Tar Sands Trouble
Increasing production and transportation of low-grade oil from Alberta threatens a wide range of North American wildlife
IN A LOBBYIST-PACKED ROOM on Capitol Hill last spring, lawmakers from the House Committee on Foreign Affairs convened a hearing with a portentous title: “Rising Oil Prices and Dependence on Hostile Regimes: The Urgent Case for Canadian Oil.” The topic was whether the federal government should accelerate approval of a controversial pipeline to transport liquefied Canadian tar sands crude across the U.S. heartland. Representatives heard from a parade of industry boosters who, while acknowledging some downsides to tar sands production, reassured lawmakers that the industry was improving its environmental record by employing vigilant monitoring techniques and high-tech solutions.
The last witness presented a different take. NWF Senior Vice President Jeremy Symons, who had recently returned from Alberta’s tar sands region, told the hearing room that the super-sized scale and speed of developing this thick, low-grade petroleum defied meaningful environmental safeguards. Already, tar sands development had produced devastating ecological ripples. Massive toxic tailings ponds, open-pit mines, chemical-belching smokestacks and processing plants now stretched along hundreds of square miles that were once part of an intact boreal forest wilderness.
This far northern wilderness provides critical breeding habitat for millions of North American birds, including migratory songbirds, waterfowl and shorebirds. A single square mile of boreal forest can support 500 nesting pairs of migrants. Toxic tailings ponds have killed thousands of these birds, particularly waterfowl that spend the winter in the United States. Symons noted that Alberta’s tar sands development also lies smack in the middle of a flyway that serves the endangered whooping crane and other species.
He then showed the hearing room a photograph of one of the high-tech solutions the industry employs to prevent cranes and other birds from dying in toxic ponds: a scarecrow draped in a yellow rain slicker, looking very much like the Grim Reaper, pointing ominously to the sky.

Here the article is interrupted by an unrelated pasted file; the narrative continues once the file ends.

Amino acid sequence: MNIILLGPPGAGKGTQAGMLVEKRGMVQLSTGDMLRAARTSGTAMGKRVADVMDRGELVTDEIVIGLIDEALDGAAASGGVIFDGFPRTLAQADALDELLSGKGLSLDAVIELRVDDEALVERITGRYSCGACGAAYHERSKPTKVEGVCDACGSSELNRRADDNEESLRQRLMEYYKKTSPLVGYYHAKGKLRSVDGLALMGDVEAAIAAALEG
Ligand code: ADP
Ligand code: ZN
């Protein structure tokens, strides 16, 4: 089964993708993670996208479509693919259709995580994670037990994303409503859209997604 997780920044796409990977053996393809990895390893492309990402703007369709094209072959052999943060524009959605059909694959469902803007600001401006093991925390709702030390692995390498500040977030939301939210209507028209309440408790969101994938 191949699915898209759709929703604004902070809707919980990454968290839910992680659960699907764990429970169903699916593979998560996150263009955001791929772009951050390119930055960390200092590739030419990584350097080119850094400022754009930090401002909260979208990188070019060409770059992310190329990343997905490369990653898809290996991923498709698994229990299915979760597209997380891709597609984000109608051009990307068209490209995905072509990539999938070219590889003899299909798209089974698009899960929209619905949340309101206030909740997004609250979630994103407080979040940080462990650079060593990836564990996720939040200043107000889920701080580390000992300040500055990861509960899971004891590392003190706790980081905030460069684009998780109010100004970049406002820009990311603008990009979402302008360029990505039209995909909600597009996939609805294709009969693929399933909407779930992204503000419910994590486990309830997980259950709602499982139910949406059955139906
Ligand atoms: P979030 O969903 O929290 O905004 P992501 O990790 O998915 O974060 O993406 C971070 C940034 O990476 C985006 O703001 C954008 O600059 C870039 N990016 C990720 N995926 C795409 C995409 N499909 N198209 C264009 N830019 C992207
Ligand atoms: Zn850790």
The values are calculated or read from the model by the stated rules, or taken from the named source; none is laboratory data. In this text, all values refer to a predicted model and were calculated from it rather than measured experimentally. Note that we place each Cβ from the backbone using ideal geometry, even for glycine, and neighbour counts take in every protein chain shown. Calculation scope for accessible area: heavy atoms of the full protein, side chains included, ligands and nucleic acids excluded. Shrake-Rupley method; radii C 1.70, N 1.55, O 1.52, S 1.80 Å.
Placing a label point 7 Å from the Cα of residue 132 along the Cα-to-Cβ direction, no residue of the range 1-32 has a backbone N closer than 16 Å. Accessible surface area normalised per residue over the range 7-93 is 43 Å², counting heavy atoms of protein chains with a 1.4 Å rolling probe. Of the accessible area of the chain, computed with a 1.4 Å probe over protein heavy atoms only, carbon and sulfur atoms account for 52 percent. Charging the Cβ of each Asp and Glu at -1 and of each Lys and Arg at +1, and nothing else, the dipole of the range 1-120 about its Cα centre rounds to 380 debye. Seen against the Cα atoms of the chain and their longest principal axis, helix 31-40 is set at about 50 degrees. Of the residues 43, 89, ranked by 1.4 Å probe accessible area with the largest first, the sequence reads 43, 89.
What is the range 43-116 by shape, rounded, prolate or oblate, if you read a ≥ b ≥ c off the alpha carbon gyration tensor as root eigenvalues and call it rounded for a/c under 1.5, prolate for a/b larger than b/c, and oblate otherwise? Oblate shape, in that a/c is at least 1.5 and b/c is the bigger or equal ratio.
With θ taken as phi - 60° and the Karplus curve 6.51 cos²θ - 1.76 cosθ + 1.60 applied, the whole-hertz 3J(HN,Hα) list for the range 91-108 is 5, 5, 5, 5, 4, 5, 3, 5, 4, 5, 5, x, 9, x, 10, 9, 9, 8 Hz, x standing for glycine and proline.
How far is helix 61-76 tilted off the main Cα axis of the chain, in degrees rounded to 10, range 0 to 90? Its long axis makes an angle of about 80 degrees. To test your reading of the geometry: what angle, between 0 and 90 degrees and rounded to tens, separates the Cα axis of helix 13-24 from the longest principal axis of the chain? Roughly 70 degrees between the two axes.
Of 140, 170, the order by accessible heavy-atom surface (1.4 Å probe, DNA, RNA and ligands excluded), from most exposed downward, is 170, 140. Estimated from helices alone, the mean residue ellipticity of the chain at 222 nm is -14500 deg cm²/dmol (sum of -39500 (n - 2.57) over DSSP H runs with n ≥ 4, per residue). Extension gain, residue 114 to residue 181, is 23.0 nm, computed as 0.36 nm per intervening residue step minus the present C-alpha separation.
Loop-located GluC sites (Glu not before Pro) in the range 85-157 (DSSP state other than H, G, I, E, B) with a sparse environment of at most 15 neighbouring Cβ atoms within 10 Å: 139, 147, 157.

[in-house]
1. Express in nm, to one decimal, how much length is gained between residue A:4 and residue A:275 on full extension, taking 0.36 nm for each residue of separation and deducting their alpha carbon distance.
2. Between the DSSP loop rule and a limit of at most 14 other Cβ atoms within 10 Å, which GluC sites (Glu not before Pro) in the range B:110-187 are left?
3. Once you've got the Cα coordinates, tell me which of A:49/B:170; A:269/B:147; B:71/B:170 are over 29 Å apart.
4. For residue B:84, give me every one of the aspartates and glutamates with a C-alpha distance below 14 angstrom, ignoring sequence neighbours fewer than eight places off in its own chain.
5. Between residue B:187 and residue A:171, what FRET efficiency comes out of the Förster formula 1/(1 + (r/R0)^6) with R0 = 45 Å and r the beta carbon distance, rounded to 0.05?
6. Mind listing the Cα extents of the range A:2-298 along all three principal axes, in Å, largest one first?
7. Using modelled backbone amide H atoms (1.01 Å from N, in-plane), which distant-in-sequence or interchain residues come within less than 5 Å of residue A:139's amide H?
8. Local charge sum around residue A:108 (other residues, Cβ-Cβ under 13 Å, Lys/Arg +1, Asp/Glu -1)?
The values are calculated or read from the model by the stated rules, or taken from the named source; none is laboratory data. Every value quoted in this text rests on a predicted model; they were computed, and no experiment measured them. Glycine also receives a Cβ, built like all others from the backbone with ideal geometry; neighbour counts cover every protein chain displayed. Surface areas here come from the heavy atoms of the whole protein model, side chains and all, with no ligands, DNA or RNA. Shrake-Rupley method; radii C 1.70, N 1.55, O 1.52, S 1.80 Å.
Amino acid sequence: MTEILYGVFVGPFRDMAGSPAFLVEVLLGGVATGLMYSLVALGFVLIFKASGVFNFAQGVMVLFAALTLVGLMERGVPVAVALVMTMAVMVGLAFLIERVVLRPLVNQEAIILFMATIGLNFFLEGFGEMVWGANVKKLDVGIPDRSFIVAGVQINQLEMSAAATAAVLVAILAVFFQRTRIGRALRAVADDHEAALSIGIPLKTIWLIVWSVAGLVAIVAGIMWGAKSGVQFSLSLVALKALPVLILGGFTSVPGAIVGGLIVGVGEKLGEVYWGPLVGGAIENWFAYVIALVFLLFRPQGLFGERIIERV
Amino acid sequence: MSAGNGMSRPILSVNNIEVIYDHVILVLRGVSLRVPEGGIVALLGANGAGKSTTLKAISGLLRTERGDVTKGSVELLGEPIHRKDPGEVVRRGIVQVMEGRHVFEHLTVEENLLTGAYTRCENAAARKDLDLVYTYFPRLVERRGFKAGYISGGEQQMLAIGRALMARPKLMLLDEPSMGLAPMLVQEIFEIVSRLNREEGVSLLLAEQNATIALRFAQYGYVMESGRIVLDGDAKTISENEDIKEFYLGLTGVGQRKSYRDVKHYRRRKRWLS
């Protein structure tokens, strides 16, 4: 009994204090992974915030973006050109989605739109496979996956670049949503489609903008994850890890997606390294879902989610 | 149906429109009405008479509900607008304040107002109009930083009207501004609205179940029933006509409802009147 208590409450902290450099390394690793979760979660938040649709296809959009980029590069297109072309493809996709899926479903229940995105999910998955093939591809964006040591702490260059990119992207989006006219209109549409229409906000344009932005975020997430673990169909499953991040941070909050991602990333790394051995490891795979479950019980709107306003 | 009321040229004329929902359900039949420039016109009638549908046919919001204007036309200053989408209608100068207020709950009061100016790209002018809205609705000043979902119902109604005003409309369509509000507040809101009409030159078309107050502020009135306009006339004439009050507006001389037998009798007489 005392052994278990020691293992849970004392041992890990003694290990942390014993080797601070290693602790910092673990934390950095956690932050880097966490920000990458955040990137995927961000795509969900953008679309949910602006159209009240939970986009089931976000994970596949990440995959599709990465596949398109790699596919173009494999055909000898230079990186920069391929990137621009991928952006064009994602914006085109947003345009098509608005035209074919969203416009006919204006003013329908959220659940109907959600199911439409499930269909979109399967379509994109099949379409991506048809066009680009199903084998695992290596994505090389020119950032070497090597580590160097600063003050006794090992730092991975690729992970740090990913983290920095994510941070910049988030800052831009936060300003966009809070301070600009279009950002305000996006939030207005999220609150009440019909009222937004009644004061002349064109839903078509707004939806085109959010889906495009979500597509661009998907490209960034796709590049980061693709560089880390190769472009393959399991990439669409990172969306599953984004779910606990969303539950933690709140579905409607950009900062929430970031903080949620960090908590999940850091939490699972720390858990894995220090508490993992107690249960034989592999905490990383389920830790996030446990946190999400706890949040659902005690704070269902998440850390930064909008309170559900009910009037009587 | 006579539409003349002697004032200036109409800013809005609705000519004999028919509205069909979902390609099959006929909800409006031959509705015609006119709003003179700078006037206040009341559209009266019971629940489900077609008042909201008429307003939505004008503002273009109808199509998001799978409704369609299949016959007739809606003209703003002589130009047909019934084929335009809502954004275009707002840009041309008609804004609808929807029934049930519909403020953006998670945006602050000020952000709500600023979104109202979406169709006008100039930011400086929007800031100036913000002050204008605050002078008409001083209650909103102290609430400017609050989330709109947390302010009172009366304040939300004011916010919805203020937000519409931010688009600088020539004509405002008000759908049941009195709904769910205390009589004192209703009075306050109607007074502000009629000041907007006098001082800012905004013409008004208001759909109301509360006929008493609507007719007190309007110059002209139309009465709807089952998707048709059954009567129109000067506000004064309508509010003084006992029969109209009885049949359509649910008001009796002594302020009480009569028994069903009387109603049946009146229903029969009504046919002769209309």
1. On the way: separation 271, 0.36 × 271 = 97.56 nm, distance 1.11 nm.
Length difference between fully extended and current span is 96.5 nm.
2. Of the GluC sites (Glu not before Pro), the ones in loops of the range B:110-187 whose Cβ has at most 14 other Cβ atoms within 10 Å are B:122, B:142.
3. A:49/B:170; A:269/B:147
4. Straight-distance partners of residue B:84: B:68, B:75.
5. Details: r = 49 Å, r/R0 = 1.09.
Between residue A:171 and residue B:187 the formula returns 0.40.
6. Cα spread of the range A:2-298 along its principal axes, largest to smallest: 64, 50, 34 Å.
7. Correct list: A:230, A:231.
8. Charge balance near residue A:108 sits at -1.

Ominous is a good word to describe the Canadian tar sands industry. Billed as a fix for U.S. dependence on Middle East oil, tar sands are instead another example of this country’s “desperate quest for more extreme oil,” Symons says—a nightmare vision of an inefficient, toxic and greenhouse gas-spewing energy future.
Tar sands contain low-grade hydrocarbons mixed in with sand and clay, which must be mined by the megaton, processed, liquefied, transported and refined to make transportation fuels. It takes 4 tons of tar sands to make one barrel of a black, viscous, raw form of oil called bitumen, and the process of transforming tar sands into one barrel of oil can take up to four barrels of water—not to mention vast quantities of natural gas to power the process. Some estimates suggest that mining, producing, transporting and burning oil produced from tar sands emit three times more carbon dioxide than conventional oil production. Already, the industry is the fastest growing source of carbon dioxide pollution in Canada.
Thanks to Canada’s burgeoning tar sands production, the country is now the largest crude oil supplier to the United States, selling more than each of our previous top exporters—Saudi Arabia, Mexico and Venezuela—according to the U.S. Energy Information Administration. If tar sands mining continues apace, industrial development eventually will encompass an area of boreal forests and wetlands the size of Florida.
Tar sands development impacts not only birds but fish, forest mammals and humans alike. In Alberta, First Nations locals told Symons they no longer eat fish from the Athabasca River for fear of contaminants. Subsistence hunters now have to range great distances to find game like woodland caribou as herds scatter and the animals’ numbers decline.
President Obama may yet have something to say about tar sands’ future. The project in question during last spring’s congressional hearing is the 1,700-mile Keystone XL pipeline, proposed to run from Alberta to south Texas. This conduit would carry 830,000 barrels a day of liquid bitumen. Because it would cross international borders, the pipeline requires presidential approval after a series of environmental assessments of the project. A decision is expected by the end of 2011.
Conservationists say it will be one of the most important—and far-ranging—environmental decisions of the Obama presidency. That’s because the pipeline has an expected lifespan of 50 years and will, among other things, lock the nation into a dirty, carbon-intensive and expensive fuel for generations as well as sanction a long-term, international pollution-delivery system. The project would cross some of the heartland’s most sensitive environmental areas, including the Ogallala Aquifer, the Sand Hills and the Yellowstone River—already contaminated by a tar sands pipeline spill last June.